The keynote speaker at BookExpo America, publishing's annual national convention, Clinton was here Thursday to promote his memoir, "My Life," which comes out June 22 with a first printing of 1.5 million.
Former President Bill Clinton will discuss "My Life," in an exclusive interview with Dan Rather to be broadcast on 60 Minutes, Sunday, June 20, 2004, at 7 p.m. ET/PT.
It was not the most efficient of promotional events. Clinton began 30 minutes behind schedule and spoke for 45 minutes, 25 minutes longer than expected. But he left to the same noisy approval as when he arrived — a standing ovation. And he showed the knack for summing up a 950-page book in a couple of sentences.
"When I was a young man, getting out of law school, I said one of the goals I had in life was to write a great book," he explained. "I have no earthly idea if it's a great book. But it's a pretty good story."
Clinton's speech, covering everything from 18th century politics to 21st century genetics, mirrored what he said the memoir itself would comprise: personal memories, general history, political analysis. He said the book could be divided into two sections. First, how Clinton's "small life" growing up in the South came to intersect with the country's life. Then, a book about policy, "some will think too much. But I think it's important because the presidency is a deciding job," he said.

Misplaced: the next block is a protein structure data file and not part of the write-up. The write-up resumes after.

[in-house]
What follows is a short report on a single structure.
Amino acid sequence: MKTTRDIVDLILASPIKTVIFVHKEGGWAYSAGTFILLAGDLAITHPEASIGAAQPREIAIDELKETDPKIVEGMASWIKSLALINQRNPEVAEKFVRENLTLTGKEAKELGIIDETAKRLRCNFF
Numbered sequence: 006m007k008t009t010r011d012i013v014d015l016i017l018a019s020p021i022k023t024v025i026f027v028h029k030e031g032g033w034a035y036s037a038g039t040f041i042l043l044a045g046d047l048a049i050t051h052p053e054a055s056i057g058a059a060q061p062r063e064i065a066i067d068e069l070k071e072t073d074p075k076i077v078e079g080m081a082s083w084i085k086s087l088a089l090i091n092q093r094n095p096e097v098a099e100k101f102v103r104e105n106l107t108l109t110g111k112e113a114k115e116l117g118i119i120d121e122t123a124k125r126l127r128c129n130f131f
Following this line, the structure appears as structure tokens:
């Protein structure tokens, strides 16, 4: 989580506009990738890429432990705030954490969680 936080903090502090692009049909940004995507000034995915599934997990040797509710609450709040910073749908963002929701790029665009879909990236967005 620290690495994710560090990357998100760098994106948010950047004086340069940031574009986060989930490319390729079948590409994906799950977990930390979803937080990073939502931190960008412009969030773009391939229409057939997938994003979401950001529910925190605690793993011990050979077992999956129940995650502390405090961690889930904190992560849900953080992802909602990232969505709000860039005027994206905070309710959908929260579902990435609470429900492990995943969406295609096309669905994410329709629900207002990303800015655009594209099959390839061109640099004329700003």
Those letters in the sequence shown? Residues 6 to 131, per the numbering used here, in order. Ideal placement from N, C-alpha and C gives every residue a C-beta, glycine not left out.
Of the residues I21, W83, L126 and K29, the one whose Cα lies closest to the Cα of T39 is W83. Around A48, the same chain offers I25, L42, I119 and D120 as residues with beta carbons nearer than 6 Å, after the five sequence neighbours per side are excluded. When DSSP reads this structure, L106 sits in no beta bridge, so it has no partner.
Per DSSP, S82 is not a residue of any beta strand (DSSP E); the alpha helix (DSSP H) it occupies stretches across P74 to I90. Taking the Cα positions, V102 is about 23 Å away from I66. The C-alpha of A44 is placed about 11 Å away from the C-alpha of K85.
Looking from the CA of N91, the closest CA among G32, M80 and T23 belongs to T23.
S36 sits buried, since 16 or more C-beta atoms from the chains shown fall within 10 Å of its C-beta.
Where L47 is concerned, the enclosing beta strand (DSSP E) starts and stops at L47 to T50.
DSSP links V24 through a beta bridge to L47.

Clinton promised a thorough, even-handed book, with fond portraits of such former foes as Bob Dole and the first President George Bush. But he acknowledged "My Life" revived unwanted feelings, saying that memories of Kenneth Starr, the special prosecutor whose investigation led to his impeachment, made him so angry he couldn't write for four hours.
Clinton did not specifically mention the Monica Lewinsky scandal, but said he addresses both personal and political mistakes in the book.
No BookExpo guest in memory was so welcome as Clinton, even though the delay led to some impatient clapping beforehand. The line for his speech formed in the late morning and extended the length of several city blocks, winding through the lobby of the McCormick Place Convention Center. The crowd was standing room only in the convention center's ballroom, which has a seating capacity of around 2,700.